Prof. Yumi Kubota, College of Bioresource Sciences, Nihon University, has used a combination of students’ own smartphones and LoiLoNote School app to revolutionize her mass lectures by making them more interactive and streamlined - all without purchasing tablets.
Background to Introduction of LNS
In Japan, a government-backed program is currently underway to equip all elementary school students with a tablet as part of its “Future School Promotion Project”. This is a wonderful idea, but unfortunately not a viable option for the vast majority of universities. Unlike state schools, many universities, even private ones, simply do not have the budget or government assistance to introduce tablets on a wide scale.
However, smartphone penetration among young people in Japan is extremely high. For example, one source reports that 77% of 18-34 year olds in Japan own a smartphone, and the rate is likely even higher for younger members of this age group.*
Since LNS is compatible with multiple devices and operating systems it can be adapted for use even in non-tablet equipped settings. This means that lack of budget for tablets does not necessarily have to be a barrier to introducing cutting-edge technology into university-level lessons.
Although many teachers and lecturers feel strong resistance to permitting students to use their smartphones in lessons, worrying about negative effects on discipline, concentration or efficiency, Prof. Kubota reports only positive effects after allowing it as part of an attempt to solve some problems she was facing in her undergraduate mass lecture series.
LoiLoNote School’s Application
Prof. Kubota has been using LNS in “Theory of Food Services”, her weekly 90 minute class for third year students in the Food Products Business Department. The class is a mass lecture held in a large lecture hall; on average 100-300 students attend each time.
Before the class, Prof. Kubota uses LNS to instantaneously distribute class handouts and lesson materials. Among enrolled students, 60-70% use iPhone while the others use Android. There is one student who does not own a smartphone, so she has simply continued to use existing paper handouts instead.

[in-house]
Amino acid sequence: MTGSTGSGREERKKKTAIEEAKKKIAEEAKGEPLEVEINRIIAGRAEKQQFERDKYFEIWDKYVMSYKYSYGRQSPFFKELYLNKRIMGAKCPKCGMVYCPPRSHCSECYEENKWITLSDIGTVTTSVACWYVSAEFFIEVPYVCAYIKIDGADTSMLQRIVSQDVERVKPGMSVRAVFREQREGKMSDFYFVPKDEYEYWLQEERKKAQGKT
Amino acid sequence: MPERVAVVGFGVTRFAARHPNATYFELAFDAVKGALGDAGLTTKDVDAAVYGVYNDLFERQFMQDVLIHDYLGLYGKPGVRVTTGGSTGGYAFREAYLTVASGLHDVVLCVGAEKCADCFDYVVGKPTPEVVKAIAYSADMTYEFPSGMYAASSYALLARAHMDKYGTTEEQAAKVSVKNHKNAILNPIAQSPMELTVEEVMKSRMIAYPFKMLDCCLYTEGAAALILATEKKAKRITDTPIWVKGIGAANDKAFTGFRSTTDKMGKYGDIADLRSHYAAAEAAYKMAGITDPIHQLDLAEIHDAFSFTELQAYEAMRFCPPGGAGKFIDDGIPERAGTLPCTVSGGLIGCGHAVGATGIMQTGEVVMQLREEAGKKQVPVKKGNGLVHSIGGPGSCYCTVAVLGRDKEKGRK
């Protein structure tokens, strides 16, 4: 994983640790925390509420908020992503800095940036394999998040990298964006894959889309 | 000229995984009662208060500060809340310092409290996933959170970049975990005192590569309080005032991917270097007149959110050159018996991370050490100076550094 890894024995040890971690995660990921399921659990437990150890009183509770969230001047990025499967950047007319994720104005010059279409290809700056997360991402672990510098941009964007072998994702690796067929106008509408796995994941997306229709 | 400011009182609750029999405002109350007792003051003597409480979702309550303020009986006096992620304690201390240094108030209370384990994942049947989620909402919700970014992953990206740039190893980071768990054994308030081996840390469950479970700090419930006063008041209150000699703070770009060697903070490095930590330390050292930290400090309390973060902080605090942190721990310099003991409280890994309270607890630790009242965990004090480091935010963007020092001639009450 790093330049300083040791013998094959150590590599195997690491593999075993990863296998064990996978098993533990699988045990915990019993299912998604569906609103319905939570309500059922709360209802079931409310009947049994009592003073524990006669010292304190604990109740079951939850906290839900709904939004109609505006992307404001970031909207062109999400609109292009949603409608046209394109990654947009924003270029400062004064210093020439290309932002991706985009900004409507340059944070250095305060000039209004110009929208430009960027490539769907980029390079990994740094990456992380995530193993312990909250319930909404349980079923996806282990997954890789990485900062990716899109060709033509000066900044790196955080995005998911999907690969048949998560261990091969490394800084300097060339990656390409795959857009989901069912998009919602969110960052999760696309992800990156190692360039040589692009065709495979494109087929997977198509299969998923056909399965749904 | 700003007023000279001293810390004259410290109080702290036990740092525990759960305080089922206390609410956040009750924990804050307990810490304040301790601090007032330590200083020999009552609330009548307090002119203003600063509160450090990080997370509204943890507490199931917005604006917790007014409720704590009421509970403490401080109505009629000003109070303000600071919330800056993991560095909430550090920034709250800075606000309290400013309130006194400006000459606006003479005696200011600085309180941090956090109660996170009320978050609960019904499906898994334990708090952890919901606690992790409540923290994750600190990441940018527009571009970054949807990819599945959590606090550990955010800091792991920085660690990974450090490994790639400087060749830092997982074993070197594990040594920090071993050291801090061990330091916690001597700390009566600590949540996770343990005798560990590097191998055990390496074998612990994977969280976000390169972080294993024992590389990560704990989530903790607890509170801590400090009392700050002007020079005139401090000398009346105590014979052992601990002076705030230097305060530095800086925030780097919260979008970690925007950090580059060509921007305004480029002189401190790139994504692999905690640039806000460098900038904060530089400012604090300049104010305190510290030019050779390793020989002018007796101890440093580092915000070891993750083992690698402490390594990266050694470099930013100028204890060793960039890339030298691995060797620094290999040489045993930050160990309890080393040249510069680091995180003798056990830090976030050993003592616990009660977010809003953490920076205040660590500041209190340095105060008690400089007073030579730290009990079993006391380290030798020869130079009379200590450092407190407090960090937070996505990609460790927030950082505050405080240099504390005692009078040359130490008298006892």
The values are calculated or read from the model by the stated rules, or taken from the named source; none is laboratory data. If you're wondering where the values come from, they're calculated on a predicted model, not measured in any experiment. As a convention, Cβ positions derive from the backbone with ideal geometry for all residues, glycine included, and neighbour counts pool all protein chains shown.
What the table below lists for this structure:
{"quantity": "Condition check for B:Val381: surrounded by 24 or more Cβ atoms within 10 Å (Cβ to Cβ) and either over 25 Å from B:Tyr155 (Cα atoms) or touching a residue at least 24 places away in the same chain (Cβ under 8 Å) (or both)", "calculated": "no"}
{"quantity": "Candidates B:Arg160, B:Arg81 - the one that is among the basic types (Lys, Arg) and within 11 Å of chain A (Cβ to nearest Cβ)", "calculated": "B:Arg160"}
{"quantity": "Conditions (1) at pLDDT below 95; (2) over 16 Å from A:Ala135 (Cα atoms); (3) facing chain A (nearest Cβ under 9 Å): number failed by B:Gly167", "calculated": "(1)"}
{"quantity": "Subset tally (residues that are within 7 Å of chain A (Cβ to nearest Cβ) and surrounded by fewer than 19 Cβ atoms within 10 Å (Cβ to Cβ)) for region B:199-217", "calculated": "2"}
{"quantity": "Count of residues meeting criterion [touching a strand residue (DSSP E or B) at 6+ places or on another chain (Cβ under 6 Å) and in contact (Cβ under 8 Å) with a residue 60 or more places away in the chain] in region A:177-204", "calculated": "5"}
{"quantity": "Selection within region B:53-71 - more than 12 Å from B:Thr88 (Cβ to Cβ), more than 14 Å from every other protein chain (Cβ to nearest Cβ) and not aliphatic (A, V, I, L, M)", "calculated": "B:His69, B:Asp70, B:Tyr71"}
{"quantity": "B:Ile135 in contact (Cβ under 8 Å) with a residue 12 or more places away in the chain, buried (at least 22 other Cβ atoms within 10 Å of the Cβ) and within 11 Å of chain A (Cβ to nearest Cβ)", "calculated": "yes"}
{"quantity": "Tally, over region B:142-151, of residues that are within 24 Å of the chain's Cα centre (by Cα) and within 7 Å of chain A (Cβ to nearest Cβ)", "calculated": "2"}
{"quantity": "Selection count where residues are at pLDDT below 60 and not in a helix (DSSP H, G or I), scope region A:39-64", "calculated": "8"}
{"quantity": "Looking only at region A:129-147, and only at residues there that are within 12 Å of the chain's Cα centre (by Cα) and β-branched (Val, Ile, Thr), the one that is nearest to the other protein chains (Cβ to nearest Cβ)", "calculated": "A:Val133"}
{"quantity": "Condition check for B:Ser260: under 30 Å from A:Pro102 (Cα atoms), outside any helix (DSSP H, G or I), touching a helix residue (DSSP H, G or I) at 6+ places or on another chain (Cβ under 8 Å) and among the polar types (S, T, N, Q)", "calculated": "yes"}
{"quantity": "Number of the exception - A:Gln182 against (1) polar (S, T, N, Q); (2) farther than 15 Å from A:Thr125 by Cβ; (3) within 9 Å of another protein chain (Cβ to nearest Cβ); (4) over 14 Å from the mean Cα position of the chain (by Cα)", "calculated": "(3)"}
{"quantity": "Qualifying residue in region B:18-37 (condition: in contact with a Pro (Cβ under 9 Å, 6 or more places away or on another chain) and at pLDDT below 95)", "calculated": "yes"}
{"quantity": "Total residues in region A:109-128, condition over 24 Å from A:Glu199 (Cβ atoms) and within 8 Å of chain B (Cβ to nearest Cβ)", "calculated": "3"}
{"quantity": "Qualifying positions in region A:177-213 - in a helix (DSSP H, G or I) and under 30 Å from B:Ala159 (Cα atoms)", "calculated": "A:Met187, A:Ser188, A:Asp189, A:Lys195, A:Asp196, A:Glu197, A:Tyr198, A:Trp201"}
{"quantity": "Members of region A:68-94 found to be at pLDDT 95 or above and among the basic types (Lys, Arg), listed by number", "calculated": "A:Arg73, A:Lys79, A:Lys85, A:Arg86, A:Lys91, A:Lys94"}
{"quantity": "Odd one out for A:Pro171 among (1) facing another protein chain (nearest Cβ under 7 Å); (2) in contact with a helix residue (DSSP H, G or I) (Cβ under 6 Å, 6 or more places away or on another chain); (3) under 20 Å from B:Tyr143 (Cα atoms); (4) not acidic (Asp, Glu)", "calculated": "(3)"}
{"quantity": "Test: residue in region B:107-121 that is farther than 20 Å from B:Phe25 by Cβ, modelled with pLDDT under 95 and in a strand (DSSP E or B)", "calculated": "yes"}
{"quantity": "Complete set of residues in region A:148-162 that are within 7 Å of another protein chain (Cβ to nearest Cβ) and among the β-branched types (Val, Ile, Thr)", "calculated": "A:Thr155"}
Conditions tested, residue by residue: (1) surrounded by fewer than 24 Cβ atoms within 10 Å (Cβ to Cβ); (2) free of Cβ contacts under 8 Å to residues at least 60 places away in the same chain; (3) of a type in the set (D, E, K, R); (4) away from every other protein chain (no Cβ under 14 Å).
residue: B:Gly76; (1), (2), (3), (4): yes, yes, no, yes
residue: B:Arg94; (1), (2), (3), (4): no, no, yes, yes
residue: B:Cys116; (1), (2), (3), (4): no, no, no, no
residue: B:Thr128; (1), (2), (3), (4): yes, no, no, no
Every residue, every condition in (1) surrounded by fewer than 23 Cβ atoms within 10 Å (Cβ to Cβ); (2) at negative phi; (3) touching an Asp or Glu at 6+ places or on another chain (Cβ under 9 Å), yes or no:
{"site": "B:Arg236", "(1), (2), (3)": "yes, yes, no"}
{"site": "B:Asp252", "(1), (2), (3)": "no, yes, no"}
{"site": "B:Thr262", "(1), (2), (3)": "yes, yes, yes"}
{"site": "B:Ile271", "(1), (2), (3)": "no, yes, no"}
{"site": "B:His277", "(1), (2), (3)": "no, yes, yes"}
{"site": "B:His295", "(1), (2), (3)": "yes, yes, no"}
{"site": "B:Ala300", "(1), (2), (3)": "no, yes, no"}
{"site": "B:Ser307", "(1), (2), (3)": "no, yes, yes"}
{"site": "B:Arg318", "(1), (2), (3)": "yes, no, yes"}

During class, Prof. Kubota mainly uses LNS to collect Cards containing students’ reactions and comments. Each time, she allocates about 60 minutes for an “interactive lecture”, and in the remaining 30 minutes, she has all students write and submit a short essay of their questions, thoughts and opinions regarding the lecture content.
Once students have written their essays, they submit them to a central “pot” where they can be viewed by Prof. Kubota and their fellow students. Subsequently, the students are encouraged to read and respond to other students’ comments using LNS’s built-in feedback tools. They are able to view, copy, and edit other students’ Cards, underlining, circling, and writing comments before returning them to the author.
A Voice from the Classroom
Prof. Kubota said, “It makes me happiest when my students say, ‘Her lecture’s really worth attending.’ Many students’ goal is just to get their credits as easily as possible, so I’m very happy that they say that. Thanks to their enthusiasm, we can enjoy mutual communication and share our desire to explore new topics together each time.
Even if it’s a bit difficult to pass the microphone around and get student’s comments directly, if students share their comments with each other in writing, then we can carry on with the lesson while constantly bouncing ideas off each other. Together, we have created a space where each student is connected to the others, and each and every student is participating in the lesson rather than leaving it up to the others.
If I hand out printouts of the handouts then the students think they can relax just because they have them in their hand. But just because they do, doesn’t mean that they’re actually looking at them properly. But when the same handouts appear on their smartphone, which is familiar and accessible, they naturally start scrolling through and taking a closer look.
It’s difficult to incorporate active learning into mass lectures, but it’s possible with LNS. I enjoy the look of satisfaction on students’ faces after they submit their feedback Cards at the end of the lesson. Rather than just another presentation tool, I am using LNS as a powerful information distribution tool.”
By cleverly leveraging students’ own smartphones, Prof. Kubota was able not only to tackle some key problems in her mass lectures, but also to create a more lively and effective classroom environment, to her students’ ultimate benefit.
*Source: Pew Research Center, “Smartphone Ownership and Internet Usage Continues to Climb in Emerging Economies”